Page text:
March 9, 2018

Good evening,

Another week has come and gone and we are one week closer to spring!  Next week area farmers will be participating in the Hardin County Pesticide and Fertilizer Recertification on Tuesday, March 13 at the Plaza Inn Restaurant in Mt. Victory.  We will begin at 9:00 am with pesticides, break for lunch at noon, and then start fertilizer at 1:00 pm.  Check your Ohio Pesticide or Fertilizer Applicator card to see when yours expires.  According to the attached maps, Hardin County has 44 private pesticide applicators and 63 fertilizer certificates expiring this year.  Registration starts at 8:30 am at the door if you need to attend but have not yet registered.  If you don’t want to wait in line, contact the Extension office at 419-674-2297 on Monday to provide your information over the phone.  If you still need to get your fertilizer certification, see the attached flyer for two 3-hour fertilizer certification classes being offered March 26 in Botkins with a meal included for $30.  You can also now have the option to study on your own and take a test for fertilizer certification, just like you can for pesticide certification.

Our Master Gardener Volunteers are offering a Native Plants seminar.  ‘Go Native’ will be held March 22 at the Mid-Ohio Energy Cooperative Community Room, 1210 W Lima Street in Kenton. The cost is $40 which includes a continental breakfast, lunch, handouts, and door prizes.  For Active OSU Master Gardener Volunteers the fee is $35.  Registration opens at 8:00 a.m. and the program starts at 9:00.  Registration Deadline is March 15, class size is limited.  For more information call: 937-935-3970.  See the attached news article and brochure for more details and a registration form.  The 2nd Annual Hardin County Poultry Banquet will be held at 6:00 pm, Saturday, March 17, 2018 at the Family Center of the Kenton Christian Missionary Alliance Church located at 15436 State Route 309 in Kenton.  Each family is asked to bring a side dish and dessert, as there will be no additional charge for the evening.  The meat and table service will be provided.  See the attached news release and flyer for more information on this year’s Poultry Banquet.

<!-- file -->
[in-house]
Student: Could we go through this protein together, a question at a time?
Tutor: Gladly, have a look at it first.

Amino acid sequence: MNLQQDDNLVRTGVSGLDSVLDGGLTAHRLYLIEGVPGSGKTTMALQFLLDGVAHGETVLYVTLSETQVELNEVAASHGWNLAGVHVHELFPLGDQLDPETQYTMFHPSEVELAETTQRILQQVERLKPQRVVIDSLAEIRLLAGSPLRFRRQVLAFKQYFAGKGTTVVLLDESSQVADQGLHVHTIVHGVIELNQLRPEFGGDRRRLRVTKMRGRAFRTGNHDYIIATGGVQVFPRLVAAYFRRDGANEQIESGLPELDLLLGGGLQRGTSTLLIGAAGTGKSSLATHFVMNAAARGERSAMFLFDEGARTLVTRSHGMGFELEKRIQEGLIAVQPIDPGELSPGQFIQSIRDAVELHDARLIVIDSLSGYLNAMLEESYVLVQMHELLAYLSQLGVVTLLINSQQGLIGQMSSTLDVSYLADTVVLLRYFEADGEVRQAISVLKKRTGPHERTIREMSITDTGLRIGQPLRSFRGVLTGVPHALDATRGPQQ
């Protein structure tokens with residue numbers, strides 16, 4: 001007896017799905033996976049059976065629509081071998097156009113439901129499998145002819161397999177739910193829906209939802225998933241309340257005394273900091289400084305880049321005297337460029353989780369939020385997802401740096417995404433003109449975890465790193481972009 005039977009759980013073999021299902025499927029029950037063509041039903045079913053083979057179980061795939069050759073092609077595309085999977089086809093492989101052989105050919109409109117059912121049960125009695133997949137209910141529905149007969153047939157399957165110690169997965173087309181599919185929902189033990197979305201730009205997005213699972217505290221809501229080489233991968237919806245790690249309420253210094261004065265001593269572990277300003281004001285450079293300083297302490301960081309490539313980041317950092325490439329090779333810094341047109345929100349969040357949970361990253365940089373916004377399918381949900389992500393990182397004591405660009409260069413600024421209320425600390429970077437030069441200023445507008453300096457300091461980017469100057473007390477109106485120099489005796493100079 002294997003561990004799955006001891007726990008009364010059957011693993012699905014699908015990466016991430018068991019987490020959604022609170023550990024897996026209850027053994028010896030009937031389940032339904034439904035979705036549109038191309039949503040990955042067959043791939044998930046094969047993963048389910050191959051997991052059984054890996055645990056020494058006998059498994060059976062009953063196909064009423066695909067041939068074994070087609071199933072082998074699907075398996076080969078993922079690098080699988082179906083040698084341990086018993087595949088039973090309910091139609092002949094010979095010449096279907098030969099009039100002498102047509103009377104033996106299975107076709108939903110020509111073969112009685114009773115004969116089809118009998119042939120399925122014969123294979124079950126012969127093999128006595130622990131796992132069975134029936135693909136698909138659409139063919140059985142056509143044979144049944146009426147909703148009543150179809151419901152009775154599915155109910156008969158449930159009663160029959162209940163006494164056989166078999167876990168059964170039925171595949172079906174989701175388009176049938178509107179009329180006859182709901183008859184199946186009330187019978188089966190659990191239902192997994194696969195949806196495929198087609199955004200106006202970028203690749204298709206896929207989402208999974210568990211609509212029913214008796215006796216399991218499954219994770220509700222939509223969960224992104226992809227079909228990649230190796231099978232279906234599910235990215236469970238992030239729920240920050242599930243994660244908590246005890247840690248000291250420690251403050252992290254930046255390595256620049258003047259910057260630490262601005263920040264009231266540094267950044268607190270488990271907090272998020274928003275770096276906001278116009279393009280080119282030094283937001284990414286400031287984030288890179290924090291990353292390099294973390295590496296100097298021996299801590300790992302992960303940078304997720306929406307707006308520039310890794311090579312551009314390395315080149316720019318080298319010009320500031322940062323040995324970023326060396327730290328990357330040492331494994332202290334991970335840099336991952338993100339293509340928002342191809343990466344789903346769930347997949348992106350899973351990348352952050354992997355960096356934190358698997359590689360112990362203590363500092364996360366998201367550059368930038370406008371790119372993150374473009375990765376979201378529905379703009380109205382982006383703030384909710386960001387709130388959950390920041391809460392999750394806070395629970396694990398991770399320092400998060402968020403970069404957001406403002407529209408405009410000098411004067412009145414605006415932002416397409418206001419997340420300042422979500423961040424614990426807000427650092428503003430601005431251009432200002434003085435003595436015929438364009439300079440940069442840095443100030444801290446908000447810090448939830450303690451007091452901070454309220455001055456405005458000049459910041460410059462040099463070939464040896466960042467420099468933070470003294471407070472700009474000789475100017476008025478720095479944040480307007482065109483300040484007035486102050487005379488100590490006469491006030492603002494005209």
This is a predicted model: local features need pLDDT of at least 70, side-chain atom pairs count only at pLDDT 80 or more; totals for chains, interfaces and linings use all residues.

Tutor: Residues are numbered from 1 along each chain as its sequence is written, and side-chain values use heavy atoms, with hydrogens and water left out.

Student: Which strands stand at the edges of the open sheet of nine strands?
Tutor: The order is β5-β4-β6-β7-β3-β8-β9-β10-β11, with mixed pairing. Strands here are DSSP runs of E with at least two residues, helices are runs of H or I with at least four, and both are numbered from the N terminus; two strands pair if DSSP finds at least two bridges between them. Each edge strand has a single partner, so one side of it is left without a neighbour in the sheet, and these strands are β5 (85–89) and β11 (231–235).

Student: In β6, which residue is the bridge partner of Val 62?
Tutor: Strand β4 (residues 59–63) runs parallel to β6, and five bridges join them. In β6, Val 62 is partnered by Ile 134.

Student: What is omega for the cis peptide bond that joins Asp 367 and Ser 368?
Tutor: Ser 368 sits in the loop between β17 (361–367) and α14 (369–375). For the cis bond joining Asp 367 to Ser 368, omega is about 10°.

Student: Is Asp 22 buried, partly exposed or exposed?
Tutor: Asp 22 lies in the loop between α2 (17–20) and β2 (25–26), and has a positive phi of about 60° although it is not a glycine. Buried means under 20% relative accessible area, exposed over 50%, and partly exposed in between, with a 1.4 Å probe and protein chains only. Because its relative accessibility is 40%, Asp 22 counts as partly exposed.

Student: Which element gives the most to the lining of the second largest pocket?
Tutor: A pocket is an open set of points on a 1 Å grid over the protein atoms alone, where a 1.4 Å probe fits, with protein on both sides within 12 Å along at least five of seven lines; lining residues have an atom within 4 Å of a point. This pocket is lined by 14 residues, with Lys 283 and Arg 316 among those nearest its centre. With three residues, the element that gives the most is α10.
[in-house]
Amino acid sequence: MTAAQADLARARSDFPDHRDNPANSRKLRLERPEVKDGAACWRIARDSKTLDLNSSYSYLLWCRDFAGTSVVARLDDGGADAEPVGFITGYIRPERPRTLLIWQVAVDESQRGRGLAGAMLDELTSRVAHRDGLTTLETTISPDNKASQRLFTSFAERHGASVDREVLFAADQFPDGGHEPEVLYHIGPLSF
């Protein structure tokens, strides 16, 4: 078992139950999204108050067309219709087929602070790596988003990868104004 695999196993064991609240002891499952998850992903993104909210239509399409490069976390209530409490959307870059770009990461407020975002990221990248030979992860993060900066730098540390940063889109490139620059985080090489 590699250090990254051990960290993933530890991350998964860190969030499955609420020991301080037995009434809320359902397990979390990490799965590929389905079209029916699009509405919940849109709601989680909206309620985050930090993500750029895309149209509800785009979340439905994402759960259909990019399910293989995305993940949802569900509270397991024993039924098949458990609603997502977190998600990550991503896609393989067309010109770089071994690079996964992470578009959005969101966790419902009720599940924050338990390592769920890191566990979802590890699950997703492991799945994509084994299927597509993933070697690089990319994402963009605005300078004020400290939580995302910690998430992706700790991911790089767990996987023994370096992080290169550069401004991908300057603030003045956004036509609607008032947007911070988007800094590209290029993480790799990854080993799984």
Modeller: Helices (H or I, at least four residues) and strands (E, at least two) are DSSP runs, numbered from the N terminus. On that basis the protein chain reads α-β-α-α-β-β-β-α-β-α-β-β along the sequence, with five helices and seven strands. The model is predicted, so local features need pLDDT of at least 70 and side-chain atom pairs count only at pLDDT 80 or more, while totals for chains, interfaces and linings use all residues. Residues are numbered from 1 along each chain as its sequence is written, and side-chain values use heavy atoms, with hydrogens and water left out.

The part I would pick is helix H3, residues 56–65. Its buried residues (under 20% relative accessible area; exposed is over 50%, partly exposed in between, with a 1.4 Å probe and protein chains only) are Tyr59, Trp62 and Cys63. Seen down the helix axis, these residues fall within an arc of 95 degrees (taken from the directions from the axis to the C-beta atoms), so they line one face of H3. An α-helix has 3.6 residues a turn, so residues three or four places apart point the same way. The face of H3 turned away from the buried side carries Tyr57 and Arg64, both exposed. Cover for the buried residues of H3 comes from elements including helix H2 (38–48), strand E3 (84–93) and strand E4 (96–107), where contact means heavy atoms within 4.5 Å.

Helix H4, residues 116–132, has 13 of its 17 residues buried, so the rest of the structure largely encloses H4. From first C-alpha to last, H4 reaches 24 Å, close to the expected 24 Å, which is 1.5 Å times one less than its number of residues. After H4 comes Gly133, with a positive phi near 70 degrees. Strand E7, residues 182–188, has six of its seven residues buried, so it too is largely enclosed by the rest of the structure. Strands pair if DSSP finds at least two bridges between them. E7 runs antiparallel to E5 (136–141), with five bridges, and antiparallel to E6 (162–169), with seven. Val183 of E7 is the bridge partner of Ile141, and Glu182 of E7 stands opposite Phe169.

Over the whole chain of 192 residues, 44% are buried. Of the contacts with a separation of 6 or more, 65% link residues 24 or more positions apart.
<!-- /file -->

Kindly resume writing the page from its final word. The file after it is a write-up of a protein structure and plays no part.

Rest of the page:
Other upcoming events that you may be interested include The OSU Hops Conference, Bus Tour, and Trade Show in Piketon on March 23-24; Ohio & West Virginia Food Hub Network Meeting: Growing Growers in Columbus on March 14; and Ohio SMART Agriculture: Solutions From The Land in Bowling Green on March 14.  I included flyers for these events in case you want more information.  Local events of agricultural interest include the Hardin County Agricultural Society Consignment Sale Saturday (3/10) starting at 9:00 am at the fairgrounds, Men’s Garden Club Monday (3/12) starting at 6:30 pm at the home of Ken Carlson near Kenton; Soil and Water Conservation District meeting Thursday (3/15) starting at 7:30 am at the SWCD office; and theHardin County Pork Banquet Saturday (3/17) starting at 6:30 pm at St. John’s Evangelical Church in Kenton.  Don’t forget that the Ohio Beef Expo is next weekend (3/16-3/18) at the Ohio Expo Center in Columbus.  If that’s not enough to keep you busy, I’ve included some agronomy articles below.


Eliminating marestail as a determiner for postemergence soybean herbicide selection – Mark Loux